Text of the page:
Press Release #1

Net Electricity Generation in Germany in 2022: Significant Increase in Generation from Wind and PV

The Fraunhofer Institute for Solar Energy Systems ISE has presented its annual evaluation of electricity generation in Germany in 2022. The year was characterized by extreme prices and strong growth in renewable energies. Electricity trade with neighbouring countries also picked up. The share of renewables in net electricity generation, i.e. the electricity mix that actually comes out of the socket, was 49.6 percent and their share of the load was 50.3 percent. Only photovoltaics met the expansion targets set by the federal government, increasing its contribution to electricity generation by 19 percent. The analysis is based on the data platform

© Fraunhofer ISE/Bruno Burger
The chart shows the net electricity generation from power plants for public power supply. Generation from power plants for self-consumption by "companies in the manufacturing industry and in mining and quarrying", is not fed into the public electricity grid and is therefore not included in this representation.

German photovoltaic systems generated about 58 TWh in 2022, of which about 53 TWh were fed into the public grid and 5 TWh were self-consumed. The addition of 6.1 gigawatts of photovoltaic power plants increased the installed capacity to about 66 gigawatts (as of November). This was the highest photovoltaic addition since 2013. Thanks to the addition and sunny weather, solar power generation increased by 19 percent compared to 2021. From April to August and in October, the monthly power generation of photovoltaic plants was higher than that of coal-fired power plants and from March to September higher than that of gas-fired power plants.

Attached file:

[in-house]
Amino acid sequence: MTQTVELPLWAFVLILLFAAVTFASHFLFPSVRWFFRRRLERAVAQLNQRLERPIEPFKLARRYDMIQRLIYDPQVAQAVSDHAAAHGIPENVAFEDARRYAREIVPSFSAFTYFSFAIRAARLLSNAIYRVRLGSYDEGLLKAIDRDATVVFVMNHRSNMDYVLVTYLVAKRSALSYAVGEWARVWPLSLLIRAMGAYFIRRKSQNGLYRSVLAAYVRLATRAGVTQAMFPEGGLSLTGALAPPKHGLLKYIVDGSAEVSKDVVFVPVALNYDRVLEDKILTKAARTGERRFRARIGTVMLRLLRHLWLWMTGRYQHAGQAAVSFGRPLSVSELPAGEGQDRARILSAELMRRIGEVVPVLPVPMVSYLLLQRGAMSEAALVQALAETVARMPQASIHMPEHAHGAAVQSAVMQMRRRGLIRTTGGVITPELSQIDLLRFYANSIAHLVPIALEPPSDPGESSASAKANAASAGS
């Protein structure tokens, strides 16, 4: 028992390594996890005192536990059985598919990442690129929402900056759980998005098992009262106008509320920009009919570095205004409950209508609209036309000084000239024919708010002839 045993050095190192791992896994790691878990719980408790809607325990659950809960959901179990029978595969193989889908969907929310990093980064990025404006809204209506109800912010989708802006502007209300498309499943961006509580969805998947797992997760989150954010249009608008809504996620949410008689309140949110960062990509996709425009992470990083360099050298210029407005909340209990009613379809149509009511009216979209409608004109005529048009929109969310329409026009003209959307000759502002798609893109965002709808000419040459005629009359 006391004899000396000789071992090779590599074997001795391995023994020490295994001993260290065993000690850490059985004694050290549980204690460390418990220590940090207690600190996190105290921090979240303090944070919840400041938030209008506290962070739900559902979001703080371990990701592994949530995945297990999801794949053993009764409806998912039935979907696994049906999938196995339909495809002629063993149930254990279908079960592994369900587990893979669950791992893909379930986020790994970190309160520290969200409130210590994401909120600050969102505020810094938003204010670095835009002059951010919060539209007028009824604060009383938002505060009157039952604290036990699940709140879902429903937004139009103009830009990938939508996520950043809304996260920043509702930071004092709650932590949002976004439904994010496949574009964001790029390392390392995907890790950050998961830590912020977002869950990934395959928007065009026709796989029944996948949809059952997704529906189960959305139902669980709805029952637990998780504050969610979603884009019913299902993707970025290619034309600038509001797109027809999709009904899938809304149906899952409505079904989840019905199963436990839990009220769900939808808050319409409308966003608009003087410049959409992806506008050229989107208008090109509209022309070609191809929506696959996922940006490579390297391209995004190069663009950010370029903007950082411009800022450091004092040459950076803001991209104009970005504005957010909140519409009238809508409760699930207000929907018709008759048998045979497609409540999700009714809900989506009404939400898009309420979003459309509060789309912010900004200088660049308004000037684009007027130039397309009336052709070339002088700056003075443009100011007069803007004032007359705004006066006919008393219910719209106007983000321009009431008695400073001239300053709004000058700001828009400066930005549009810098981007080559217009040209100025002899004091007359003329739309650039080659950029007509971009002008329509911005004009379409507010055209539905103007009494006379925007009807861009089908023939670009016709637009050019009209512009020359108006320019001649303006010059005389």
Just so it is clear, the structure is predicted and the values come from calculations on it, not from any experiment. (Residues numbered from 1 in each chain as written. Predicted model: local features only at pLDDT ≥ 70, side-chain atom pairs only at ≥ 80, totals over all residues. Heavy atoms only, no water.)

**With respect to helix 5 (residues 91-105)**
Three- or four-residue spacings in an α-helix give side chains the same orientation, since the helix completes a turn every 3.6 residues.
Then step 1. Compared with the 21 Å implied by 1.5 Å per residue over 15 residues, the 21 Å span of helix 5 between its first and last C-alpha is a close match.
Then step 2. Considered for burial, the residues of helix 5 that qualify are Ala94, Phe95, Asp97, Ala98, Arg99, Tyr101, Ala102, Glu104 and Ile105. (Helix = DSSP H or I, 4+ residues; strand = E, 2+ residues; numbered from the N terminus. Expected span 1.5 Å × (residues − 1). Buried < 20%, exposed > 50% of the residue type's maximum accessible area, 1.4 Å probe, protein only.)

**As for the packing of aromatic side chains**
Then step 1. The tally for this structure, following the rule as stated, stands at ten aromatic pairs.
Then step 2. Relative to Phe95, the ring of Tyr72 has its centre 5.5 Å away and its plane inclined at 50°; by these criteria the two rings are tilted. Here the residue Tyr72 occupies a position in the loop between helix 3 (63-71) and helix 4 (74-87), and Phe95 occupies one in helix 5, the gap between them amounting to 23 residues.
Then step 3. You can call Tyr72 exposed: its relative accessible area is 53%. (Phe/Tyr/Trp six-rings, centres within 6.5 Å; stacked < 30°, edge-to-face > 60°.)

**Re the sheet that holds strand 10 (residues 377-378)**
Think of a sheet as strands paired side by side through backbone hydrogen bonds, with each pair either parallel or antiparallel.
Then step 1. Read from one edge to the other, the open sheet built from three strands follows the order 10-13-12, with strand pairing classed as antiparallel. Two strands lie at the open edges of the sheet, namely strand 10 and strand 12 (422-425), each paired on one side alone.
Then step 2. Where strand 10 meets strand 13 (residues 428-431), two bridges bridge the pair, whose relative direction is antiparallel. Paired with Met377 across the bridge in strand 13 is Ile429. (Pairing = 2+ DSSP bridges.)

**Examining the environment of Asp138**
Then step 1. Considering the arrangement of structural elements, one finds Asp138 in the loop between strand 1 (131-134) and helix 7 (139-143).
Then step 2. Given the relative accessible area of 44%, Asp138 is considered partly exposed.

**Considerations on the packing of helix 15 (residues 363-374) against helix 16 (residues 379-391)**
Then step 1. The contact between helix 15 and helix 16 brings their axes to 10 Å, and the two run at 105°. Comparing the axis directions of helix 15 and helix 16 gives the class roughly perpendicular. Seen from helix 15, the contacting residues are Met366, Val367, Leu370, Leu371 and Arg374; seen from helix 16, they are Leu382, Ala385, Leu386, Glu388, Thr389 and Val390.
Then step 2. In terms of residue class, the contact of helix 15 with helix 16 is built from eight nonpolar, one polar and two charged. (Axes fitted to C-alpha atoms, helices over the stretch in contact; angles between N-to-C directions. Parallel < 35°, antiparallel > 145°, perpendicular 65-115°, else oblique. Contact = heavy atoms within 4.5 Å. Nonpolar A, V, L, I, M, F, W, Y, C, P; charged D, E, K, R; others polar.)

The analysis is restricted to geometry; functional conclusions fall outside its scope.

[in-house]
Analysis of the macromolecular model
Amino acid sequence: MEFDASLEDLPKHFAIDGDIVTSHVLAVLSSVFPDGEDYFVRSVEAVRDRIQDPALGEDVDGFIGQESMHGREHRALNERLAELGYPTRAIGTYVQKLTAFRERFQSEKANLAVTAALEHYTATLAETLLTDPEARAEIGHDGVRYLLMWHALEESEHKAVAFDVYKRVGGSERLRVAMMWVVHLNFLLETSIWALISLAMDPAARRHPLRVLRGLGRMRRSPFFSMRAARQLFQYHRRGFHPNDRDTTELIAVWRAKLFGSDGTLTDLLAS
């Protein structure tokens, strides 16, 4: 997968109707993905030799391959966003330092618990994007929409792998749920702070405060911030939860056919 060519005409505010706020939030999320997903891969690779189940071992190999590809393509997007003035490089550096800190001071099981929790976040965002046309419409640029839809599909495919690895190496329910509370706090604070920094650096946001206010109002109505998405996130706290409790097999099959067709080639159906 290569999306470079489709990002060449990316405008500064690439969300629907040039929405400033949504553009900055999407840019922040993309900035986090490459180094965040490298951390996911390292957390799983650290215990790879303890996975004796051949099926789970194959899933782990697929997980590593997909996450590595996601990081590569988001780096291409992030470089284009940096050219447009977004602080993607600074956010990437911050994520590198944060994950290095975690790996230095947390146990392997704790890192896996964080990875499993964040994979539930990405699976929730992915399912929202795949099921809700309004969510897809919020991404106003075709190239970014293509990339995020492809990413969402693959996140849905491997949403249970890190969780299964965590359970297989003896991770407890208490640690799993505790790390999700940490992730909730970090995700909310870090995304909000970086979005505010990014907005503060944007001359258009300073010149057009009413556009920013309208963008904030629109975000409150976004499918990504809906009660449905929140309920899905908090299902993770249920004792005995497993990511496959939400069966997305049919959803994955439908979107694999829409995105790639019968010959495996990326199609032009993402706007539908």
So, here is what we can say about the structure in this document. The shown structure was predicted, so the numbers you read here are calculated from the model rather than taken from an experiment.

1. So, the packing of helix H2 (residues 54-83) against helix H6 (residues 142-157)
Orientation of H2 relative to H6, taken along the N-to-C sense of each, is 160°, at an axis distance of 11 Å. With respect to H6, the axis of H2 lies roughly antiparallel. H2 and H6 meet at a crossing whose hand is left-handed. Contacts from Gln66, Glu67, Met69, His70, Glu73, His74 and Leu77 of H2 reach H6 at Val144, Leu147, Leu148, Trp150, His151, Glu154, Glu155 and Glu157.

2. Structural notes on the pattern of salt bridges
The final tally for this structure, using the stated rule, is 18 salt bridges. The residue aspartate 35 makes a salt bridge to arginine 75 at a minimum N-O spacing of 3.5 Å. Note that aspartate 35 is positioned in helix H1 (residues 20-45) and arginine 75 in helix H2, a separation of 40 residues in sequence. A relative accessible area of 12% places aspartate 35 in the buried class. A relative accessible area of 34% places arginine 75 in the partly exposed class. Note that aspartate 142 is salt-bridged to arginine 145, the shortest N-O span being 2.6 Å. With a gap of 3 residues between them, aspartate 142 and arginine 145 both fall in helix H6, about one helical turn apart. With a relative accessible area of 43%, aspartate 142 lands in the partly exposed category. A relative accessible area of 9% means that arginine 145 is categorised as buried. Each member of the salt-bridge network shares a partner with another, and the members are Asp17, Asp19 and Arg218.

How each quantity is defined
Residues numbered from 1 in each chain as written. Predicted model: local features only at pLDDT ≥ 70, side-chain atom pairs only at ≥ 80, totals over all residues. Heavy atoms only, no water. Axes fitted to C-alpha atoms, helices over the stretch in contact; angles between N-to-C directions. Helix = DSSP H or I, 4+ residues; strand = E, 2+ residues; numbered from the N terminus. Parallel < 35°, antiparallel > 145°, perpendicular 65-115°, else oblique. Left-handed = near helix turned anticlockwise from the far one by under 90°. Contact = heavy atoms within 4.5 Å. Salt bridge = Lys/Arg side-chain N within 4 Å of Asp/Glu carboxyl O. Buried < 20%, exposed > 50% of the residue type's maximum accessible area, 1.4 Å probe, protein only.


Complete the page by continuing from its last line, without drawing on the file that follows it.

For wind onshore, 2022 was an average year; wind offshore was rather below average. Wind on- and offshore together produced about 123 TWh, down from 112 TWh in 2021. Wind generated the most electricity, followed by lignite, solar, hard coal, natural gas, biomass, nuclear, and hydro. Onshore wind power production accounted for about 99 TWh and offshore production for about 25 TWh, of which about 21 TWh was generated in the North Sea and 4 TWh in the Baltic Sea. The addition of wind both onshore and offshore was again very weak: at the end of November 2022, the installed capacity of onshore wind was 58 GW (up 2.1 GW from 2021) and of offshore wind was 8.1 GW (up 0.3 GW). Together, solar and wind produced about 181 TWh in 2022, about 21 TWh more than in 2021.

Hydropower generation of 16 TWh was significantly lower than 2021 (19 TWh) due to the hot and dry summer. Biomass, at 42.2 TWh, was slightly above the previous year's figure. There was little change in installed capacity. In total, renewable energy sources produced about 244 TWh in 2022, about 7.4 percent more than in the previous year (227 TWh). Their share of net public power generation increased to 49.6 percent (up from 45.6 percent in 2021), and their share of load was 50.3 percent.

In addition to net public power generation, total net power generation includes self-generation by industrial and commercial enterprises, mainly using gas. Renewables accounted for about 44.5 percent of total net electricity generation, including power plants of "manufacturing, mining, and quarrying establishments."

The load on the power grid was 484 TWh. This is about 20 TWh less than in 2021. Due to high electricity prices and higher temperatures, electricity was probably saved significantly. Load includes power consumption and grid losses, but not pumped-storage power consumption and self-consumption by conventional power plants.